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Interest rate hikes leading to car dealership sticker shock for some

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Posted at 6:40 AM, Sep 22, 2022
and last updated 2022-09-22 12:18:44-04

TAMPA, Fla — Thanks to another federal interest rate hike, it's now even more expensive to borrow money or carry certain debt in America.

Florida Gulf Coast University Economist Victor Claar said the Federal Reserve is working to rein in that demand and to stop the "runaway inflation" we've seen — even if it means temporary financial pain for many Americans.

"It's not good over the shorter term, but over the longer term, it might very well be a price worth paying because nobody wants to live in a country with runaway inflation," he said.

And that pain extends far beyond things like housing and credit card debt and into areas like transportation.

"If prices are high right now, the Fed is convinced that demand is too strong," Claar said.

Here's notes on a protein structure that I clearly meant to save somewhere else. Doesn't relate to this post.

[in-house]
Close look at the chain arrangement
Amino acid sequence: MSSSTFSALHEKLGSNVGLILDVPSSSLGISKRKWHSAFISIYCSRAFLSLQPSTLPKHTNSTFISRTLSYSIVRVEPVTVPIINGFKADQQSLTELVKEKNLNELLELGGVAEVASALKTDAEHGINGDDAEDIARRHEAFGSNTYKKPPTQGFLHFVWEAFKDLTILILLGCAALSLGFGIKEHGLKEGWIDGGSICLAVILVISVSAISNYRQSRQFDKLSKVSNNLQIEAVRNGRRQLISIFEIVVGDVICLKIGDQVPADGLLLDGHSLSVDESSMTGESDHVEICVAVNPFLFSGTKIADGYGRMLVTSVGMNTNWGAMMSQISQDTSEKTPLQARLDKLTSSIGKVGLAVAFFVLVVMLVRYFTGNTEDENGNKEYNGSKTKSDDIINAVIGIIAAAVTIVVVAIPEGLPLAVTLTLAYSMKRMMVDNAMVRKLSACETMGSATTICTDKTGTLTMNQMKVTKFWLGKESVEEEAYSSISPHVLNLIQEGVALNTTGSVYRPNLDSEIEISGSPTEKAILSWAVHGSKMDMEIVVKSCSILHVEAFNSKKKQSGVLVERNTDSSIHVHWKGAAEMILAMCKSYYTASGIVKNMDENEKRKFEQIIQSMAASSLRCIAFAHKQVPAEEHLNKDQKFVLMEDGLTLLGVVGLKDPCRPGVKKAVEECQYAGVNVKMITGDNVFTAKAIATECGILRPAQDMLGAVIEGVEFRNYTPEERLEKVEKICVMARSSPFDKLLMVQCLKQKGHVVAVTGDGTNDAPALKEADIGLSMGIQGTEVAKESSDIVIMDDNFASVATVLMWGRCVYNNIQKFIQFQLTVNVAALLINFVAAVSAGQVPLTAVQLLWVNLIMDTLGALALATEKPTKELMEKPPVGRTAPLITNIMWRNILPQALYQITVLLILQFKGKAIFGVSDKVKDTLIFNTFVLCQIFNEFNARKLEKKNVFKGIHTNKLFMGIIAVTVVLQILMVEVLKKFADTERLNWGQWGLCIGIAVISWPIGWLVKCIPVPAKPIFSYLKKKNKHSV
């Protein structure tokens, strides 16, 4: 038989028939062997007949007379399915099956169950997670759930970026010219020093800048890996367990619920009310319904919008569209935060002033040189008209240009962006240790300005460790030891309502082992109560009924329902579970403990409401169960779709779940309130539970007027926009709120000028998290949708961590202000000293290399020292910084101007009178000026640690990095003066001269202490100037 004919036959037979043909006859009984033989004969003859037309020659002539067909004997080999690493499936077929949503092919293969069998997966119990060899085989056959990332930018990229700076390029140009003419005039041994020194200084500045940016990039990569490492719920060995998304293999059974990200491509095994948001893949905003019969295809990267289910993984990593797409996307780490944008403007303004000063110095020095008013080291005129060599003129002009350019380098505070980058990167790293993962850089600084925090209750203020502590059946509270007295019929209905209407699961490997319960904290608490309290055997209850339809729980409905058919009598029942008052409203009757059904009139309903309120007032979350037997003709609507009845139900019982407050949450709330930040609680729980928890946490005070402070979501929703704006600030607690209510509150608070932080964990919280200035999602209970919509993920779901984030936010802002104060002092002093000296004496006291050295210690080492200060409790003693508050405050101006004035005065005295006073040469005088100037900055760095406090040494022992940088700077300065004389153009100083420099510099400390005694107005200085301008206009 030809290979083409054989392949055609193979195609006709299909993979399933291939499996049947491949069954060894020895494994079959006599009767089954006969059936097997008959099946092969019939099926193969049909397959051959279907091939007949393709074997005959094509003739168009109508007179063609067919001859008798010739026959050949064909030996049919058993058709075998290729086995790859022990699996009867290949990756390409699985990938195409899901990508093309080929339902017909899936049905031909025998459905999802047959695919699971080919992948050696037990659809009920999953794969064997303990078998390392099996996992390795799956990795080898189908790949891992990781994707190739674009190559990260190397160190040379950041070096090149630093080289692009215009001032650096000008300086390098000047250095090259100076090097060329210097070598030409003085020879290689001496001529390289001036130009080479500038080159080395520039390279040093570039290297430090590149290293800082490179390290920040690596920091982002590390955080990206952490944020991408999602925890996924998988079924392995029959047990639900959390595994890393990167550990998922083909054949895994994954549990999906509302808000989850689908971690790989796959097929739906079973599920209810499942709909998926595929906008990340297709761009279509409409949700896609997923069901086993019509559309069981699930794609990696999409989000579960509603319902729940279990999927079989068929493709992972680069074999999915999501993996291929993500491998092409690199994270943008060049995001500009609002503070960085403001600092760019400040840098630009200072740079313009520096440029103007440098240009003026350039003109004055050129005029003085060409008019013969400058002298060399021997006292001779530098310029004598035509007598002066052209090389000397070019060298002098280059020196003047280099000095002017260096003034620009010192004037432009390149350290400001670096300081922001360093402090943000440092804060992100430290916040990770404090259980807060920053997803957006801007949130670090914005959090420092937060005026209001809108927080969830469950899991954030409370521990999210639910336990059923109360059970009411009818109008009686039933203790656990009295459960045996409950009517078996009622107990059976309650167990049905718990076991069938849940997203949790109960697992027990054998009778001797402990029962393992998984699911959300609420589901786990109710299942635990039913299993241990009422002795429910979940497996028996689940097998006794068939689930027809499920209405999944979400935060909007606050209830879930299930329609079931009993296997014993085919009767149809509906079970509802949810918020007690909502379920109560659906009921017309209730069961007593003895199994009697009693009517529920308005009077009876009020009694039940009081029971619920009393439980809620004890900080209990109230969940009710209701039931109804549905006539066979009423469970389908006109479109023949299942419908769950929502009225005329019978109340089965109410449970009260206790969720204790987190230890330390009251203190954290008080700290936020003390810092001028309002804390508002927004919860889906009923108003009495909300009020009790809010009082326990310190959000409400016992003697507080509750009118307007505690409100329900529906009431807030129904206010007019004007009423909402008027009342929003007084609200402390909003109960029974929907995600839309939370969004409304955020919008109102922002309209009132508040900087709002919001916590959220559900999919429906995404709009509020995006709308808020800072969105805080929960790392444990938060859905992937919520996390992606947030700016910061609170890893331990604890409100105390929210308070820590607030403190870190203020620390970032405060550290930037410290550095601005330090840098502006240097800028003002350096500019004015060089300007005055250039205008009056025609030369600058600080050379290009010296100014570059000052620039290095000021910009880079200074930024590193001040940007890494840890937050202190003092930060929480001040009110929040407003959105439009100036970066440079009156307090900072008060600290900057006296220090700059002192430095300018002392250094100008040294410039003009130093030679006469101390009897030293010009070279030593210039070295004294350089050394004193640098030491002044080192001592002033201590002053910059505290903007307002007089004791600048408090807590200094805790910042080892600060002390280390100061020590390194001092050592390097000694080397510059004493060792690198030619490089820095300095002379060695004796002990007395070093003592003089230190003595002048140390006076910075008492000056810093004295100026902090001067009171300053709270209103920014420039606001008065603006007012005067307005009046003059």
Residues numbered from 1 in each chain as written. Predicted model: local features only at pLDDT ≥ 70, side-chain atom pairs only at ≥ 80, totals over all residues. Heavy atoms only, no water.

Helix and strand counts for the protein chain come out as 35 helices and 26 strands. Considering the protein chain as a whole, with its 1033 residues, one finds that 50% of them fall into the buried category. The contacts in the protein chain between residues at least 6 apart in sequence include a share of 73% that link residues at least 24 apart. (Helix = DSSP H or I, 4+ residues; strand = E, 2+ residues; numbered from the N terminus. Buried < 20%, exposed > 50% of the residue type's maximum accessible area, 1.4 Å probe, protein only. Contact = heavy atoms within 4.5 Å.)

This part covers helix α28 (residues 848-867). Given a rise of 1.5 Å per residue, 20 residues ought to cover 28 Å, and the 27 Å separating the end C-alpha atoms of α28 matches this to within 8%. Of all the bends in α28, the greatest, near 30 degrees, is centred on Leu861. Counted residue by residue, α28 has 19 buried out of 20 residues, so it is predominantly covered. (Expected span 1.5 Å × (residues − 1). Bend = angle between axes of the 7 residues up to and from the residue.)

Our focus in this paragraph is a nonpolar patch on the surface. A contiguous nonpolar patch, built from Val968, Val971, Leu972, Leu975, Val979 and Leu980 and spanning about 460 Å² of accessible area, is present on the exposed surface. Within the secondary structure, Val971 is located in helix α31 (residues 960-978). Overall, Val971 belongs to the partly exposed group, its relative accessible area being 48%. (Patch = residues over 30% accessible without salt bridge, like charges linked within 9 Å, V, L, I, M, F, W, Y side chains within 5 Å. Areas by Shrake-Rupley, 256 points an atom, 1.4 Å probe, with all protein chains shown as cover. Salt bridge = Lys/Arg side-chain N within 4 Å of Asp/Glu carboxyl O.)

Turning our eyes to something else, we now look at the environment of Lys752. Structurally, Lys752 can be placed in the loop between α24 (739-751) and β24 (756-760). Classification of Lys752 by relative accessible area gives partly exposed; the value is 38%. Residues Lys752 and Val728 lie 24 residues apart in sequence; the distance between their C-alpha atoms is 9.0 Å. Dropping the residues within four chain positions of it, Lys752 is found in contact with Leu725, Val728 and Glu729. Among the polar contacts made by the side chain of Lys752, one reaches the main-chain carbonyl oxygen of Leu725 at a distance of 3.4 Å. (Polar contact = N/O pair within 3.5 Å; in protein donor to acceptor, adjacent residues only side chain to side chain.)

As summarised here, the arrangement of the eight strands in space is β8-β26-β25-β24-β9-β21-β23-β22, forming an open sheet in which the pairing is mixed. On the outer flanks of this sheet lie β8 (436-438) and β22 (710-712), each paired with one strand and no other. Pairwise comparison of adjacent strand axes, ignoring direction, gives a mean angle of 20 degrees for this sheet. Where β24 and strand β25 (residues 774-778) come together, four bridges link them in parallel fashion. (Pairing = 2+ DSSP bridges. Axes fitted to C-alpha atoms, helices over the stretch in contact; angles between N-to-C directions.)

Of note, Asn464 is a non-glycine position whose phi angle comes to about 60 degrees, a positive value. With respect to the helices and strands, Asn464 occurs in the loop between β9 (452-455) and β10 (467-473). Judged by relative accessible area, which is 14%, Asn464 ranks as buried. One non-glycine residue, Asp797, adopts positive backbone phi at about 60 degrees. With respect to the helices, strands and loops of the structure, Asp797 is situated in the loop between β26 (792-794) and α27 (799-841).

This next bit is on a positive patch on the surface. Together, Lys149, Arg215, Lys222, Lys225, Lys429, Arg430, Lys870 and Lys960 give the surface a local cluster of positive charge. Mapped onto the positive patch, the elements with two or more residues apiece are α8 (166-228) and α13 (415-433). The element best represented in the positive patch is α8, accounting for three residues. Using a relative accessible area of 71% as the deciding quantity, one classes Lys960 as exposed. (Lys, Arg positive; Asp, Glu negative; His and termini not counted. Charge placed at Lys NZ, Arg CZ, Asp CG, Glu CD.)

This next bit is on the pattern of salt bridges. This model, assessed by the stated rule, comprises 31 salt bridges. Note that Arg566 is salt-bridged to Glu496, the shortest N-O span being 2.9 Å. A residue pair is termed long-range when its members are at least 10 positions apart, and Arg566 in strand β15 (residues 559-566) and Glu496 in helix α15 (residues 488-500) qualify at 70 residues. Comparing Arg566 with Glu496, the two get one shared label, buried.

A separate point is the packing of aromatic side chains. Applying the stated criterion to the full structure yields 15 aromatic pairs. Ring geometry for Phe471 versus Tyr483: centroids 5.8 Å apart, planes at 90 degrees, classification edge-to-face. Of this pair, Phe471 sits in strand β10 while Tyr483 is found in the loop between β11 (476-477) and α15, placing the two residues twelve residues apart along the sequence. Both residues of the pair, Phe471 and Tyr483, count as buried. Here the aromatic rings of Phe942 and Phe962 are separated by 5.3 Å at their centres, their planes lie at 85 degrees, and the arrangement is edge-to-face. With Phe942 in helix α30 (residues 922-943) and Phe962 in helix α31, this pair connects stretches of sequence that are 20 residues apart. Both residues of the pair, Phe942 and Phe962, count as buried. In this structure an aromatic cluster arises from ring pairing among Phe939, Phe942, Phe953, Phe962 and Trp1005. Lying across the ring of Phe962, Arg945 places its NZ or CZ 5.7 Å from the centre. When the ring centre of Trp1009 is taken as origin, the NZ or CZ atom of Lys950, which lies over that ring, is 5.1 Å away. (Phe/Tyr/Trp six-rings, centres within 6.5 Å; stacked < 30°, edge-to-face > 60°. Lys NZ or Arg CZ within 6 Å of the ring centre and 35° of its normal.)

Buying a new car will run you almost $5,000 more than it did a year ago, according to Kelley Blue Book.

Increased costs and interest rates mean that car payments are also up for those who are financing.

Edmunds found that in June, almost 13% of car buyers had payments over $1,000.

"It feels like if you're trying to find affordable, reliable, serviceable cars right now, you're getting hit two times," Claar said. "You're getting hit with higher interest rates and also getting hit with higher prices, whether it's new or used for those vehicles."

Claar said that in all areas, relief for most is a ways off as the Federal Reserve stated that it would keep raising rates over the next few years in an effort to drop inflation from where it sits at 8.3% nationwide to 2%.

This article was written by Rochelle Alleyne for WFTS.